by Jessica Kosinski
Tin Toy Cars
Since this issue is all about toys from the attic, let’s take a peek at two of the most well-known names in toys, Hot Wheels and Matchbox. Most of us had these cars as kids. Those who still have them in the attic might be sitting on quite a valuable find. But as with most anything, the value may depend on a lot of factors.
The Early Days of Matchbox Cars
The Matchbox line was founded in 1953 by Lesney Products of England. The company got its name from a combination of the names of its two founders, Leslie Smith and Rodney Smith, who were not actually related to each other. The cars themselves got the Matchbox name because they were originally sold in boxes that were about the size of matchboxes.
Original Lesney Matchbox cars were mainly focused on working vehicles that had basic metal bodies with simple axles and frames. Early vehicles mainly consisted of basic cars, but soon advanced into trucks, construction equipment, and freight vehicles. Lesney quickly captured the attention of children all over with those working-style vehicles. They also often sold vehicles in boxes that weren’t marked, generally at drugstores. So, parents could buy their kids an inexpensive surprise. That tactic caught on quickly and kept Matchbox cars at the forefront of the toy car industry for quite a while.
Hot Wheels Enters the Scene
The 1950s and 1960s was the birth of a major phenomenon in the actual vehicle industry. Many people began driving muscle cars and other cars that were build for power and speed, such as the Mustang and the Corvette. Teenagers were particularly fond of street racing those cars, and soon toy companies started taking notice of the fact that younger kids were enamored with them as well.
The Competition Between Hot Wheels and Lesney
Very soon after Hot Wheels came on the scene, Lesney realized that it had to start adapting to the new competition. Hot Wheels cars used torsion-bar suspension and Mattel also started releasing custom “Red Lines” tracks for them to run on. That made them very fast, which kids loved. That was not good news for Lesney. In fact, the entire Matchbox line might have died out, had they not been able to think on their feet and make some major changes.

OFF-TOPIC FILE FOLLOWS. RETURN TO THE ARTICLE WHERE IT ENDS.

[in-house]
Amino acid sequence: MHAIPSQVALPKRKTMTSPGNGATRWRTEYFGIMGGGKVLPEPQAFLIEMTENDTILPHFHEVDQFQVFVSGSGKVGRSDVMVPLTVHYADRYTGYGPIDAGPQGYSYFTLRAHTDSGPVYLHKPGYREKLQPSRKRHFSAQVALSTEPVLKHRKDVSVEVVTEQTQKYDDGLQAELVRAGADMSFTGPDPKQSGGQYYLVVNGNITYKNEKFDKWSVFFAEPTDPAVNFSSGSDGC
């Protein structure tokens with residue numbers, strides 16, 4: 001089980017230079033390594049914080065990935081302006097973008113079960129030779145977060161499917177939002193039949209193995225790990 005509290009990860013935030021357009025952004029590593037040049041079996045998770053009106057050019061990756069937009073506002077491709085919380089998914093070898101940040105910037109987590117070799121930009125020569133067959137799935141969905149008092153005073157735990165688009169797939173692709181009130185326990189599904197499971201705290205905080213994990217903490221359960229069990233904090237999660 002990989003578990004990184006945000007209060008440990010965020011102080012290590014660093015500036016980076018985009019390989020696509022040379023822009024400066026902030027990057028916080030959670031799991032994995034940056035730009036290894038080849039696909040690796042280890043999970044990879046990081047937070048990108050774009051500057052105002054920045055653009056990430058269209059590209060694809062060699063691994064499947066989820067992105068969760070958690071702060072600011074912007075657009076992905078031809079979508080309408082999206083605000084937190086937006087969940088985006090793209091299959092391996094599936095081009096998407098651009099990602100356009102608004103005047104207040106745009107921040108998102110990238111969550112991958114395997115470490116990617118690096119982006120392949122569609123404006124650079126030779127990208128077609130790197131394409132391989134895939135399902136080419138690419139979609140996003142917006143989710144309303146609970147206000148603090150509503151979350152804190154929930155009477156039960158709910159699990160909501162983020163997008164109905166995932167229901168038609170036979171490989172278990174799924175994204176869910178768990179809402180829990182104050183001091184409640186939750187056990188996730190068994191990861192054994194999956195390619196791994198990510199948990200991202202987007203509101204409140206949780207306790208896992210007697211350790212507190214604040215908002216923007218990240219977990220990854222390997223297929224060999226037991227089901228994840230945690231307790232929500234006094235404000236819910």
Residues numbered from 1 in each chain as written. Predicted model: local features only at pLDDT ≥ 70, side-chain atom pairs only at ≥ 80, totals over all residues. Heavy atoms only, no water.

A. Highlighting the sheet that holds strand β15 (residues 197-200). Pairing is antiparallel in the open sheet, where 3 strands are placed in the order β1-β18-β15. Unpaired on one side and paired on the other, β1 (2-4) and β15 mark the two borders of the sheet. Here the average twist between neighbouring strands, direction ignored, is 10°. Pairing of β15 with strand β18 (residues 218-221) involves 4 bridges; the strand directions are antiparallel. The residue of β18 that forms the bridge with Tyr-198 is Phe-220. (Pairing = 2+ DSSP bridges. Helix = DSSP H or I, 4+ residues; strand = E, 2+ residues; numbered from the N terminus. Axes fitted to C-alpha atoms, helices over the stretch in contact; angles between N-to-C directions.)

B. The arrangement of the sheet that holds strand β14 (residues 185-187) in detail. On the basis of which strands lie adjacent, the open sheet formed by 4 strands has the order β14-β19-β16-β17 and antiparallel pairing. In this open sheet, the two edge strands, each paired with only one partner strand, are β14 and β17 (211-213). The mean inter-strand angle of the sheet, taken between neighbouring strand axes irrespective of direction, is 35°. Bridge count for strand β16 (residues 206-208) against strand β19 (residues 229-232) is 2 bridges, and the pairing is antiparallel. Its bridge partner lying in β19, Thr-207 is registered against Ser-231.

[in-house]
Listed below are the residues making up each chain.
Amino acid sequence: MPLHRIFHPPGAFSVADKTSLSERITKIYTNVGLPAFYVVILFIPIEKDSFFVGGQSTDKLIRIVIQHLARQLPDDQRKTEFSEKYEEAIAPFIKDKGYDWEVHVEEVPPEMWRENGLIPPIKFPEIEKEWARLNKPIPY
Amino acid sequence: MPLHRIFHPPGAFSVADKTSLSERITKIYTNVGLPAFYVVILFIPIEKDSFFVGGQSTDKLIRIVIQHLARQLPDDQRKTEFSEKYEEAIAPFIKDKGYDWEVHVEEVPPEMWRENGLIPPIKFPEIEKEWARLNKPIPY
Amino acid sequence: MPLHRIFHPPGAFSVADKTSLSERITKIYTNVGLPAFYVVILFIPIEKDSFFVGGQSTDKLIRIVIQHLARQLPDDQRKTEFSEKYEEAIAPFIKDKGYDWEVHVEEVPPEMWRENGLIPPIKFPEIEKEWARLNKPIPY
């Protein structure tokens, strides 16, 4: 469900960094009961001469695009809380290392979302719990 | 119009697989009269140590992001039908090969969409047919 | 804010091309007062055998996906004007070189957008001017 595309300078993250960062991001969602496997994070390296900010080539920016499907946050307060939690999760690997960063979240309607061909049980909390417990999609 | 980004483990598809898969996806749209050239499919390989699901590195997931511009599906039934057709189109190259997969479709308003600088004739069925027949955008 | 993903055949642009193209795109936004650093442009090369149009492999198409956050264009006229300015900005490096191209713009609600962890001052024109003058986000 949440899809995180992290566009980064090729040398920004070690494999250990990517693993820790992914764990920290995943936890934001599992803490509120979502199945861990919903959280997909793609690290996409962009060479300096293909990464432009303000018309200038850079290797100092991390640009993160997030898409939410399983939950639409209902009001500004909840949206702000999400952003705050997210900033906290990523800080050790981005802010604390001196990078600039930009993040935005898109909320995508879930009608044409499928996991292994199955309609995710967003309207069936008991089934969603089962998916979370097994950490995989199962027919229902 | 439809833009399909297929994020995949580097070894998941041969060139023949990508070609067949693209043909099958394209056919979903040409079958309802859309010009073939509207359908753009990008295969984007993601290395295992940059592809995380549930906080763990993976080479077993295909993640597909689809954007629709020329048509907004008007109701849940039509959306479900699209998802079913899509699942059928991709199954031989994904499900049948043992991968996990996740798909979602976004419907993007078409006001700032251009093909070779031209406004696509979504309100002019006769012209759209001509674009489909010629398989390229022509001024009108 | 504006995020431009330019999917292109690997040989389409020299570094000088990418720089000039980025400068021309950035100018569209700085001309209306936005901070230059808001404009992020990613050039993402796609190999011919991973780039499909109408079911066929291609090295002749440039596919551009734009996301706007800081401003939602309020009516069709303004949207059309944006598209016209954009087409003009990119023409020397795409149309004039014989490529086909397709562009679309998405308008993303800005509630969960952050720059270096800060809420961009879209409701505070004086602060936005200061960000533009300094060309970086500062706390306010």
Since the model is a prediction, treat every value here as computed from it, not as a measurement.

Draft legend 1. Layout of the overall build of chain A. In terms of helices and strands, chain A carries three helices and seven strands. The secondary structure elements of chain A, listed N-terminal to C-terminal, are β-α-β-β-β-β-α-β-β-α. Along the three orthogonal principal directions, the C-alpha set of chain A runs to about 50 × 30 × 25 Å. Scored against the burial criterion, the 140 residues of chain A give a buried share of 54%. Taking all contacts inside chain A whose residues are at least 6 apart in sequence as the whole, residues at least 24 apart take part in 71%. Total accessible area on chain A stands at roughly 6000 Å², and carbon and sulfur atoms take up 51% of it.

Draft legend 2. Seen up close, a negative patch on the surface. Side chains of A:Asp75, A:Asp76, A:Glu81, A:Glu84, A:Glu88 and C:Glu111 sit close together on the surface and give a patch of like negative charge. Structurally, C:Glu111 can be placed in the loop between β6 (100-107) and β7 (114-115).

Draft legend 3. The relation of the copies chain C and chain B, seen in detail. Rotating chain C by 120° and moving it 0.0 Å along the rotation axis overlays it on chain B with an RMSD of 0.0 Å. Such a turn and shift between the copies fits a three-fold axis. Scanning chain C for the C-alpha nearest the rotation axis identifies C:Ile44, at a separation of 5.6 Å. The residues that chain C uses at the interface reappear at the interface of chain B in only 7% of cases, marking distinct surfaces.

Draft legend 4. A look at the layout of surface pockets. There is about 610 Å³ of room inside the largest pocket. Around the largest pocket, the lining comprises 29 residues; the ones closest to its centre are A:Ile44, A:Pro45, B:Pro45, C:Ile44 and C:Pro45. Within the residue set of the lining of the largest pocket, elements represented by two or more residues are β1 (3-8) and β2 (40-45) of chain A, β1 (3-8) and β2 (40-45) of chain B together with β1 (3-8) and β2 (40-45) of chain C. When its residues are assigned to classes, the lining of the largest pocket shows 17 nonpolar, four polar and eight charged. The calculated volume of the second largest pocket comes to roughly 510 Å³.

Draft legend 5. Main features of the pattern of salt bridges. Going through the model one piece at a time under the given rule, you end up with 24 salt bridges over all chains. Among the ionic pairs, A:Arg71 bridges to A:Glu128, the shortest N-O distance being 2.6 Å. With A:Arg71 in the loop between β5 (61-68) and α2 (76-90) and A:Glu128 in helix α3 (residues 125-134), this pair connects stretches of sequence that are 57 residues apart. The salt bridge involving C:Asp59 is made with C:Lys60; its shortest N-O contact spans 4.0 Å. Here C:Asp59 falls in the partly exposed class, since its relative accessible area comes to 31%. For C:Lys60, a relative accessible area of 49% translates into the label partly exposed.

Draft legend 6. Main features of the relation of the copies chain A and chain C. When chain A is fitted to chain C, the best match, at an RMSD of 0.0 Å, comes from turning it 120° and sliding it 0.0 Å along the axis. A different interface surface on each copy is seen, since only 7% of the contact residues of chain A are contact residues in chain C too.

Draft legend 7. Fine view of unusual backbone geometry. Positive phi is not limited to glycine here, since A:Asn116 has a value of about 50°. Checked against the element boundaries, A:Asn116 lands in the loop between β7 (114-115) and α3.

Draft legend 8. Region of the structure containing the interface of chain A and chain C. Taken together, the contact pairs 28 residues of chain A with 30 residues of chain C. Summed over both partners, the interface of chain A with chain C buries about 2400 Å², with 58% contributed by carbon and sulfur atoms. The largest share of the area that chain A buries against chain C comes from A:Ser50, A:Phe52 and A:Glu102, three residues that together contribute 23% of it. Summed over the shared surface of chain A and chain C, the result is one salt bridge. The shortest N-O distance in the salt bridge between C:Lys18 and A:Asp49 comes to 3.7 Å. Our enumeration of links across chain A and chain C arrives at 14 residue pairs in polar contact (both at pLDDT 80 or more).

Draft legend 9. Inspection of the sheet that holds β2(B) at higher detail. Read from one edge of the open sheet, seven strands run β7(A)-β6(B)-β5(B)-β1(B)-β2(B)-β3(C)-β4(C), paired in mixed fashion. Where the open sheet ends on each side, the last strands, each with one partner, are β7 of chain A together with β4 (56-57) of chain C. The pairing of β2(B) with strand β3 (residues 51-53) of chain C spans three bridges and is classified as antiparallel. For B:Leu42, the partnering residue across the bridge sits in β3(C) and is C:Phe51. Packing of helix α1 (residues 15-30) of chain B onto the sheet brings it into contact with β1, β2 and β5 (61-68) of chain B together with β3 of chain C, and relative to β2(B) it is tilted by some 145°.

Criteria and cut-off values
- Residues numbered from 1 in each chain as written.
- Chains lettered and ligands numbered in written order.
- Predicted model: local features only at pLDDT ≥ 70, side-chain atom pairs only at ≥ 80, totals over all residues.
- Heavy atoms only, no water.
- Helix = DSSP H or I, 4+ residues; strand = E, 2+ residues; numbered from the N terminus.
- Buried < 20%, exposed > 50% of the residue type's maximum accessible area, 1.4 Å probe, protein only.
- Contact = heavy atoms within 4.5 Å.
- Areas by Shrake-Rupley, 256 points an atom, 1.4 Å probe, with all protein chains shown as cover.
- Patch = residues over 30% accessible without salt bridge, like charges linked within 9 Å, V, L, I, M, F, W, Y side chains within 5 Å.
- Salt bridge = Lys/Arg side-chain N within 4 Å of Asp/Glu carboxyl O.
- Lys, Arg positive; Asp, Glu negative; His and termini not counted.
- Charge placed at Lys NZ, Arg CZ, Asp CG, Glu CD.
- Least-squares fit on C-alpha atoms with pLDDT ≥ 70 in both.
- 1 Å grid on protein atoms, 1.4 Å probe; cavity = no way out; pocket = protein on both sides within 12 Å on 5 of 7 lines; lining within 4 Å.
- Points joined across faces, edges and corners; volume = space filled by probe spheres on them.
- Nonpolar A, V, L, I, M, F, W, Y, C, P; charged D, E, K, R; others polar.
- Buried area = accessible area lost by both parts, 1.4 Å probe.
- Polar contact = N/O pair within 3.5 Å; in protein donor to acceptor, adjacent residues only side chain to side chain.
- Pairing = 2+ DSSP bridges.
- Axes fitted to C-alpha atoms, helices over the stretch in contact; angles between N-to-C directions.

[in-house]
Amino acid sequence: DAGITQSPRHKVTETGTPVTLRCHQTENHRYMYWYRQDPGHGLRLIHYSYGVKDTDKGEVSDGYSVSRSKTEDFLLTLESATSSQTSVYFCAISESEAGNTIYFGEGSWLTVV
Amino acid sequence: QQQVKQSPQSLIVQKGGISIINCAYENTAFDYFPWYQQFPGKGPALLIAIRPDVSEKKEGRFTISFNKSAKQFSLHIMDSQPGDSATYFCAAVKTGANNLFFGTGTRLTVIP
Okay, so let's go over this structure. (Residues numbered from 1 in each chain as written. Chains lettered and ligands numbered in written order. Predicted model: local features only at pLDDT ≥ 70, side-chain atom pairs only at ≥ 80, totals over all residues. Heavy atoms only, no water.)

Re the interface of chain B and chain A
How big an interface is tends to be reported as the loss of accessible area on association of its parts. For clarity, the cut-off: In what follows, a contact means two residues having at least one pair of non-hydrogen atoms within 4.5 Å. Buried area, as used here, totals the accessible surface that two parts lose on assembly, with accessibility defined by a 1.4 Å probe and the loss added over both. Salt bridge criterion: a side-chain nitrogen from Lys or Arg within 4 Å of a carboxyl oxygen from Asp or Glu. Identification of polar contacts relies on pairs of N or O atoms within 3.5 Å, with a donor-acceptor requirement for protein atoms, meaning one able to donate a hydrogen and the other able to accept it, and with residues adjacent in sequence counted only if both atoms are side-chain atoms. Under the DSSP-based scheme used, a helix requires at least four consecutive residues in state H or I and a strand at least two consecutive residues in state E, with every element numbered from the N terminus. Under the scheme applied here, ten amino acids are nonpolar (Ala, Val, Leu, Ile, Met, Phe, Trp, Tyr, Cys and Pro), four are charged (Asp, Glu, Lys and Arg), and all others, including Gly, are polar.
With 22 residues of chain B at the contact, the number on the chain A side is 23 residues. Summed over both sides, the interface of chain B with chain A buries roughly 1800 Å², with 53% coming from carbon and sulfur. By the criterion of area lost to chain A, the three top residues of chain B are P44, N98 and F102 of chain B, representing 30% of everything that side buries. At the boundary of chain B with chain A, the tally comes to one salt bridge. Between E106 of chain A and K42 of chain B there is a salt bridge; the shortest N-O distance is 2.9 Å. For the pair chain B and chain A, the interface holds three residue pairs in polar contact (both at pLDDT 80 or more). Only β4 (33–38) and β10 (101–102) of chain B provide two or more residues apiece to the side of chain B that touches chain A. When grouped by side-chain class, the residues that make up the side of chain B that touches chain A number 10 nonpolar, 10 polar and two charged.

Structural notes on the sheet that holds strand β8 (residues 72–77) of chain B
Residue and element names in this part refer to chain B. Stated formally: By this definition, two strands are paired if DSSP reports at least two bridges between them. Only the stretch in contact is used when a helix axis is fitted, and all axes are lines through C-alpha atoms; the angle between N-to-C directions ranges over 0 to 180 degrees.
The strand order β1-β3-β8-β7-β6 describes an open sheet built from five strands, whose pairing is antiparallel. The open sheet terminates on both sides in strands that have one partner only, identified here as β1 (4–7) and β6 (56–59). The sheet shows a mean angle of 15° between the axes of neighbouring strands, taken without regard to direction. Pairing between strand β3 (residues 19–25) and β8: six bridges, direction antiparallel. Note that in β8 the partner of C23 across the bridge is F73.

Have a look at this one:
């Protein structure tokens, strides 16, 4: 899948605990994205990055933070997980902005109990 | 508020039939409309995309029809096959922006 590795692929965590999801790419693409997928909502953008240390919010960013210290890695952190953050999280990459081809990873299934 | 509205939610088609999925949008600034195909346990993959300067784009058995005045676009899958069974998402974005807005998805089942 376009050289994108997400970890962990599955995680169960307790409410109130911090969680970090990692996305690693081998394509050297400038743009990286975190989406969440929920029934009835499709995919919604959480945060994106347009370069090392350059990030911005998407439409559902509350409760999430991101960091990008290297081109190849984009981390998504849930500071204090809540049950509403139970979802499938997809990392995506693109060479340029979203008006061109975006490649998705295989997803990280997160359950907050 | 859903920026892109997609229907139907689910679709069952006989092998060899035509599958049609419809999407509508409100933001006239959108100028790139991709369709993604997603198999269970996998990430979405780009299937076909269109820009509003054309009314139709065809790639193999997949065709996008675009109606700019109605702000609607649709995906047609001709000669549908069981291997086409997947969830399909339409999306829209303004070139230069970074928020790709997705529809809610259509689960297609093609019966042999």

To avoid going by the wayside, Lesney soon released a competitive line of muscle cars, including Corvettes and Mustangs, which all had revamped suspensions to make them run faster. That began to fuel the competition between the companies. For several years both brands released competing models and seemed to thrive. However, Lesney eventually lost that battle. They sold the Matchbox line and, after switching hands a couple times, it was purchased by Mattel in 1997. Mattel continues to release new cars in both the Matchbox and Hot Wheels lines to this day.
The Value of Matchbox and Hot Wheels Cars
When considering the value of Matchbox and Hot Wheels cars, buyers and collectors need to factor in several things. The first factor is the purpose of the car. There are some people who buy loose Matchbox and Hot Wheels cars at antiques shops and flea markets simply for the joy of sharing them with their kids and grand kids. While those cars have a lot of “fun value,” they aren’t valuable to collectors.
There are also some artists and photographers who use miniature cars in scale model scenes to make them look realistic. This type of miniature photography is quite popular, and the artists who do it take it very seriously. They often want a model car from a very specific year to make their scene complete, which means that they might be willing to pay more money than an average person would for a Matchbox or Hot Wheels car in less than perfect condition.
Top Cars to Look For
In terms of monetary value, the earliest cars under both brands tend to be the most valuable. For instance, the Matchbox 1953 Aveling Barford Road Roller, which was one of three cars in Lesney’s first Matchbox set, is widely considered to have the highest price tag. However, other Matchbox cars can also fetch a high sum, including cars that had factory errors, such as a 1965 BP Dodge Wrecker that was manufactured in “reverse color,” which sold on eBay for a whopping $8,499 a couple years ago.
As for Hot Wheels, color can sometimes make all the difference, in addition to age and condition. Many models were released in multiple colors. Take the 1971 Purple Olds 442, for example. Most cars of that model were magenta, not purple, making the purple one worth thousands of dollars today, especially in mint condition. Among the many other valuable Hot Wheels cars is the Hot Wheels Real Riders A-OK, which sold in its blister pack in mint condition for over $800 on eBay this year.
Of course, these are just a handful of examples. There are thousands of Hot Wheels and Matchbox cars in attics and basements across the country just waiting to be discovered or rediscovered, not to mention at antiques shops, flea markets, yard sales, and other venues. So, whether you plan to play with them, display them, or resell them, you should definitely keep your eyes peeled for these little treasures.
Special thanks goes to Matchbox and Hot Wheels collector, photographer, and artist Stephanie Bissonnette of Bolton, Massachusetts, who can be contacted at Facebook.com/sjbissonnette.